Key Findings

Certified workers are 2.7 times more likely to be high performing practitioners than uncertified (Curry et al., 2013).

The certification exam is predictive of child and youth worker competence/performance on the job across practice settings (Curry et al., 2009).

The exam and other components of the certification process assess competencies determined by a meta-analysis of 87 sets of competencies in North America. This meta-analysis led to the development of the North American Competencies for Professional Child and Youth Work Practitioners. To ensure content validity, these competencies guided the development of each assessment component in the CYCCB certification program (Curry et al., 2009; Eckles et al., 2009; Mattingly, Stuart, & VanderVen, 2002, 2010).

The exam has a high degree of internal reliability-Cronbach’s alpha = .90 and appears to assess one general construct of professional CYW judgment (Curry et al., 2013; Curry et al., 2009; Child and Youth Care Certification Board, 2011).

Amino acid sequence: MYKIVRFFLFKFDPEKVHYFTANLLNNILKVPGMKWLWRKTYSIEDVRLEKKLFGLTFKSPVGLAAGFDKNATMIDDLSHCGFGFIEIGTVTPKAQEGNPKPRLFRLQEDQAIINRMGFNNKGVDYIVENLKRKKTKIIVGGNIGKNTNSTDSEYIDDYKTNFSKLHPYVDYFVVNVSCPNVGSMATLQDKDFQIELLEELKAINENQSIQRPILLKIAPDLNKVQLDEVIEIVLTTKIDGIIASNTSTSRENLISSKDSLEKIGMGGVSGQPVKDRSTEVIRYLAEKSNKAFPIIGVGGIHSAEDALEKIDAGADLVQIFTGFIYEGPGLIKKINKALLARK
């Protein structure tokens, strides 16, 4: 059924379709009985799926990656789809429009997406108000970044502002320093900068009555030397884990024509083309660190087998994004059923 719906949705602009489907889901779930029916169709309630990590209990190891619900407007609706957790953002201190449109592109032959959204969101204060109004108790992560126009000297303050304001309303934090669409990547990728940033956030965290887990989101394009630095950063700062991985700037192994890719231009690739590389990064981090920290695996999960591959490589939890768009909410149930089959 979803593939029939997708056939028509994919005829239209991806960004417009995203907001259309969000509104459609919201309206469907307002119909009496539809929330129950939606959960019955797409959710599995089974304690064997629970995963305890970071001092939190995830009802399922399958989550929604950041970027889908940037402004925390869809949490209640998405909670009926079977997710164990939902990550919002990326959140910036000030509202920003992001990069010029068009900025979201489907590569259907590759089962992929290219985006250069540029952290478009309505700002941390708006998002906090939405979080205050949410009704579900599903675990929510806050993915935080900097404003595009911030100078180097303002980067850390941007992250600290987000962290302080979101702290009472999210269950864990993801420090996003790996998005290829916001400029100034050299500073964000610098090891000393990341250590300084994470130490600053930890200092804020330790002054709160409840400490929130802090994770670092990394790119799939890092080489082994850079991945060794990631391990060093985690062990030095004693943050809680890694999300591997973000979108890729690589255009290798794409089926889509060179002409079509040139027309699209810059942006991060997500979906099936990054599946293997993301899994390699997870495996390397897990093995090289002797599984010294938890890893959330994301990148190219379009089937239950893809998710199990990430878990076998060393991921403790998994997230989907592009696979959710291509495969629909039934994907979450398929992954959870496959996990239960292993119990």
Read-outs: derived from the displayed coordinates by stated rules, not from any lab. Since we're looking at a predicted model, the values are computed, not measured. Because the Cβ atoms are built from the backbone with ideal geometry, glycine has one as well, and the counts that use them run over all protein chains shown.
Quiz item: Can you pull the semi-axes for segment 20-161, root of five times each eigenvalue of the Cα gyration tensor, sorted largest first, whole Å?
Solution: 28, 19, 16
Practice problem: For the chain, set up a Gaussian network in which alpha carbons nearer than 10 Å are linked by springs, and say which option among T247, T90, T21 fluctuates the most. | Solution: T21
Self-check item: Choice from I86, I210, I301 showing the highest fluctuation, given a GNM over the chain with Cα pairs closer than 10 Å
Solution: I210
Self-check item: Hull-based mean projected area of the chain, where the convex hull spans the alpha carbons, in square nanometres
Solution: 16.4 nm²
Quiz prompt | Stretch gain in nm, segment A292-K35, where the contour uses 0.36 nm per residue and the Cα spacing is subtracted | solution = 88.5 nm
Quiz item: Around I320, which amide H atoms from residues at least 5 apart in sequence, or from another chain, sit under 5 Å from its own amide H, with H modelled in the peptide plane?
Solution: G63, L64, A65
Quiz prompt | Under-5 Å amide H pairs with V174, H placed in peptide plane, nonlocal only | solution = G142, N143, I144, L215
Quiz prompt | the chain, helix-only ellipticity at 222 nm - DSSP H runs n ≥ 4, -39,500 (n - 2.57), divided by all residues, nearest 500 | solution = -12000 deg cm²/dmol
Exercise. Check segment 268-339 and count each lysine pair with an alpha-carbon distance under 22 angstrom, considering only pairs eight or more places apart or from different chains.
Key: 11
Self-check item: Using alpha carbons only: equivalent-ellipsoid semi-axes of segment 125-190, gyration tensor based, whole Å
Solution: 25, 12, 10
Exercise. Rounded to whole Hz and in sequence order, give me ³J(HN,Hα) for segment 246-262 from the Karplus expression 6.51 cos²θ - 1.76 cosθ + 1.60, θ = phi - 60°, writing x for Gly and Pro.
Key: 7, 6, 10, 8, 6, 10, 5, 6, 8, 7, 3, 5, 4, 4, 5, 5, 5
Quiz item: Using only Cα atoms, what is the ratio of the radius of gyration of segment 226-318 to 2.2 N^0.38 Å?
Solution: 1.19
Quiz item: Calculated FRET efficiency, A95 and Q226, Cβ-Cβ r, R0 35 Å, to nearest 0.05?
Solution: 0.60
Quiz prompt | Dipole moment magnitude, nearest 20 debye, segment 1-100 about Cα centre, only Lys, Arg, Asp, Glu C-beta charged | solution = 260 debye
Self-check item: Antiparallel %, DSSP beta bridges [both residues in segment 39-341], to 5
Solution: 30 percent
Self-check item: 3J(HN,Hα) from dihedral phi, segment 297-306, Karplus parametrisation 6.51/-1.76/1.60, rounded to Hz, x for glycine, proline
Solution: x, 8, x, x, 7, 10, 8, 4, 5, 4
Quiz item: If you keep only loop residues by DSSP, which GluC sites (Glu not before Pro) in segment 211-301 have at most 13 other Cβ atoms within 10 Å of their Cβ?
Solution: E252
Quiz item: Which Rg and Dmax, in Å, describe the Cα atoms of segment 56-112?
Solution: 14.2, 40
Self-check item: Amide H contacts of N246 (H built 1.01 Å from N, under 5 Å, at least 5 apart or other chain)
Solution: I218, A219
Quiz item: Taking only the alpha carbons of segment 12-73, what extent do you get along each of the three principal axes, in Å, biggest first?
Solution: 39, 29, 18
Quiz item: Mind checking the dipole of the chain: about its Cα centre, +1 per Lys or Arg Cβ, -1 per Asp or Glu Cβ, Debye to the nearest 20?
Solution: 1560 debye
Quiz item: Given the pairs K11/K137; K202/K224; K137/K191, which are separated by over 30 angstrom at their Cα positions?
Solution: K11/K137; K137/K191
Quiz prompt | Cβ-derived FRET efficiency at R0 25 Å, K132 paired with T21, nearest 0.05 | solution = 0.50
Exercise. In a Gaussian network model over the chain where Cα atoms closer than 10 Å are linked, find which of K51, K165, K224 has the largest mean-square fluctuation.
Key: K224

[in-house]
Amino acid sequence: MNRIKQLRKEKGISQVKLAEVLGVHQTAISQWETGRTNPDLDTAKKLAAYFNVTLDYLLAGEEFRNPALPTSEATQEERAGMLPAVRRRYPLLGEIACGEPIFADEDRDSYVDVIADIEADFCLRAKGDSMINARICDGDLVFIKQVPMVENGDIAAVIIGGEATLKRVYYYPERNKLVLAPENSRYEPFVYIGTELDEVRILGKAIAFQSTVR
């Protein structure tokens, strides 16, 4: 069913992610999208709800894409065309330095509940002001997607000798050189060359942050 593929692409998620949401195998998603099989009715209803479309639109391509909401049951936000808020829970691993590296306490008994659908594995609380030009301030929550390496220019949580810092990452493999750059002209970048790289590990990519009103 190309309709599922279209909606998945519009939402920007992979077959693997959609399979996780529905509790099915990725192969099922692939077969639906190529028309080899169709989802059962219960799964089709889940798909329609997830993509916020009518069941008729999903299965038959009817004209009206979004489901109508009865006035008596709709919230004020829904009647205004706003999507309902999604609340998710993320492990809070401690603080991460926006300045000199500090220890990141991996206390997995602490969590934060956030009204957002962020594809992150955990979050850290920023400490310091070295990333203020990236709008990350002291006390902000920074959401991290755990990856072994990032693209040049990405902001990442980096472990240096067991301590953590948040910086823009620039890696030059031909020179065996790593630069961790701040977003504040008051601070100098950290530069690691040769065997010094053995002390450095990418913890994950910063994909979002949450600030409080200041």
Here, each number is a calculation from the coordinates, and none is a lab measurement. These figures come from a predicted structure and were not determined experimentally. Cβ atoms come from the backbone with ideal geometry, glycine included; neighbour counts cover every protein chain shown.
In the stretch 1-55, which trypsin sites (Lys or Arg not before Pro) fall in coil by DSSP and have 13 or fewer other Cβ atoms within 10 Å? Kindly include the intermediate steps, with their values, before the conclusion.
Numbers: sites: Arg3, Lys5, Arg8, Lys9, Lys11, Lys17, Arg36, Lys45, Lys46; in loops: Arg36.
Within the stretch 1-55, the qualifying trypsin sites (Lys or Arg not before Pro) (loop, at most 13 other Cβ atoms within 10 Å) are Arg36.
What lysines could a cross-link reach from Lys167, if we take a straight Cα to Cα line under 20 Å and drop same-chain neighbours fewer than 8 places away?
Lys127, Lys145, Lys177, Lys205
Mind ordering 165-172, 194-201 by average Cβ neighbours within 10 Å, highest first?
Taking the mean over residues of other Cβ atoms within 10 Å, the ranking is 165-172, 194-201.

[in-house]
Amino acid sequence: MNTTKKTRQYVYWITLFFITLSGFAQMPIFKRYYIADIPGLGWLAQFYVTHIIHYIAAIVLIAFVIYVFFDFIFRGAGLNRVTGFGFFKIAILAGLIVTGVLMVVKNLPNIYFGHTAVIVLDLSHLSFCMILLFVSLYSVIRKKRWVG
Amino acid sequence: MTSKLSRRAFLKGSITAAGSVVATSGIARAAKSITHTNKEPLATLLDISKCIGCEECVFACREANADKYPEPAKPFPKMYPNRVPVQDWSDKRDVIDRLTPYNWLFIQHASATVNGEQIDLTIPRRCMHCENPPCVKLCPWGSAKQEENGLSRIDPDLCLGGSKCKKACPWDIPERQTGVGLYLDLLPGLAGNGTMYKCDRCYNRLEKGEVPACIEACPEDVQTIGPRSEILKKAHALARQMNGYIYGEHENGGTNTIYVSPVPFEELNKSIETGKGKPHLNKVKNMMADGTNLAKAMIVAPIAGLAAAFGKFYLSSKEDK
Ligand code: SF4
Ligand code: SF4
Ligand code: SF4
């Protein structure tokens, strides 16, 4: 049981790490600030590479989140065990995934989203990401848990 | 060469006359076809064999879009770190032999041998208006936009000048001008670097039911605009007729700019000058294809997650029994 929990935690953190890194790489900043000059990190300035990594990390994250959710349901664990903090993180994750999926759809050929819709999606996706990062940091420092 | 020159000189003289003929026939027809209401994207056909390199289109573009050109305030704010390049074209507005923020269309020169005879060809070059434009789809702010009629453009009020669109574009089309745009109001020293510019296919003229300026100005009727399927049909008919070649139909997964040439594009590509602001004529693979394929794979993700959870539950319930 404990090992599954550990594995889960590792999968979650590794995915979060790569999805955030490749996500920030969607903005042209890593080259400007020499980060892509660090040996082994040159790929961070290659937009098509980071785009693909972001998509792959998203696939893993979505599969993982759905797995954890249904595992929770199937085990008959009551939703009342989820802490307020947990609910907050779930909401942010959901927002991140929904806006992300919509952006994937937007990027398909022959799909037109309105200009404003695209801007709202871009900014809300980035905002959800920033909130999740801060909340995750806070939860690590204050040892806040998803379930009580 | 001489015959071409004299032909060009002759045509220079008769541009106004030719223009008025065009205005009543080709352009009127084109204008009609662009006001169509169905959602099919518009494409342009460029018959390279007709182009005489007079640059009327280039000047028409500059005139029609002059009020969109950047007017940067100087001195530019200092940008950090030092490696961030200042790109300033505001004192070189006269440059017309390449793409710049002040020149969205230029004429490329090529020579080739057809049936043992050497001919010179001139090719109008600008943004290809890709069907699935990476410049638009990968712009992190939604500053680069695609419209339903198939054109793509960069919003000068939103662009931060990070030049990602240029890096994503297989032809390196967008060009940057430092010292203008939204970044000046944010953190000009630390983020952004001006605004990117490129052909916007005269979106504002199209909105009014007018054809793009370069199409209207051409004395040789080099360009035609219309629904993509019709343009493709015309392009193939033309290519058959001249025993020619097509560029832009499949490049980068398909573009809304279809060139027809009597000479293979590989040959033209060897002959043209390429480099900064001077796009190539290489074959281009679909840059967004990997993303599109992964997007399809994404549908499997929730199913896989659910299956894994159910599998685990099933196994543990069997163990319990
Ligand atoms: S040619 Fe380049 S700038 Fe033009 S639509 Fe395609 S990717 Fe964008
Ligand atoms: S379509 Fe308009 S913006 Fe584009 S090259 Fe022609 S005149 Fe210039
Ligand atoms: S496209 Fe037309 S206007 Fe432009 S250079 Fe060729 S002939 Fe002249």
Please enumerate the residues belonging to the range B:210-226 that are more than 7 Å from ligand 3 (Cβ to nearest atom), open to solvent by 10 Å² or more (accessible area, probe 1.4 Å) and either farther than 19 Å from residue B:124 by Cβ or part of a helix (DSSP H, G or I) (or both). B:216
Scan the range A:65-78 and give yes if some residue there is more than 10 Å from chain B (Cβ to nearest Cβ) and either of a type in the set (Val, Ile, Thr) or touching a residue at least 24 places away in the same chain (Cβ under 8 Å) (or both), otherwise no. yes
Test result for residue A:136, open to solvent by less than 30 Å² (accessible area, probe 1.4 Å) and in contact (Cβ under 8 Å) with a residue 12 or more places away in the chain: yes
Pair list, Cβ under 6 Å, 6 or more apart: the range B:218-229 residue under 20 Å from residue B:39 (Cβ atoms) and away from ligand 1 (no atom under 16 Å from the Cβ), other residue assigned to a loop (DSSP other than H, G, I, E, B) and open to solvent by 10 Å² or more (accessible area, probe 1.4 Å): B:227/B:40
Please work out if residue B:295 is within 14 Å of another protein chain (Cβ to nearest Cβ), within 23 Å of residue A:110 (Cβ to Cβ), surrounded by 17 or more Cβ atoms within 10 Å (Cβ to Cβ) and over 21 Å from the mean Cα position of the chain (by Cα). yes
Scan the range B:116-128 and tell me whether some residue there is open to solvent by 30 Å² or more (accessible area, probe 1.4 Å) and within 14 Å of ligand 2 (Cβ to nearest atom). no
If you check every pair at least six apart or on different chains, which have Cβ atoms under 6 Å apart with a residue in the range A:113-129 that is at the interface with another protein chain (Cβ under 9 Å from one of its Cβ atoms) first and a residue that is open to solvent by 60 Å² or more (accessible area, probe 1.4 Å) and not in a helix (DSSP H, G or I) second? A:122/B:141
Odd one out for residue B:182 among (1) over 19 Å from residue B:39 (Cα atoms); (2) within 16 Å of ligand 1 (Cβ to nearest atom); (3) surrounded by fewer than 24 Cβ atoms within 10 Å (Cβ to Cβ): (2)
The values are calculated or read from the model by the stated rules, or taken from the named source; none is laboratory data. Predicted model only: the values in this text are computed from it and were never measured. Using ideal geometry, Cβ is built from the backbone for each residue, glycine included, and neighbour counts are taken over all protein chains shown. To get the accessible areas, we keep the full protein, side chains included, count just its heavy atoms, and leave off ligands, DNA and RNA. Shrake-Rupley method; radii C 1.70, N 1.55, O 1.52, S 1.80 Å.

The exam has a high degree of face validity across practice settings. For example, 90% of practitioners agree that the exam accurately assesses important aspects of CYW and 90% agree that the exam’s case examples provide realistic samples of CYW (Curry, et al., 2009).

The major components of CYCCB certification (education, experience, passing score on the exam, completion of certification including the portfolio) are each predictive of CYW performance. Each component progressively predicts performance-an indication of the incremental validity of the certification process (Curry et al., 2013).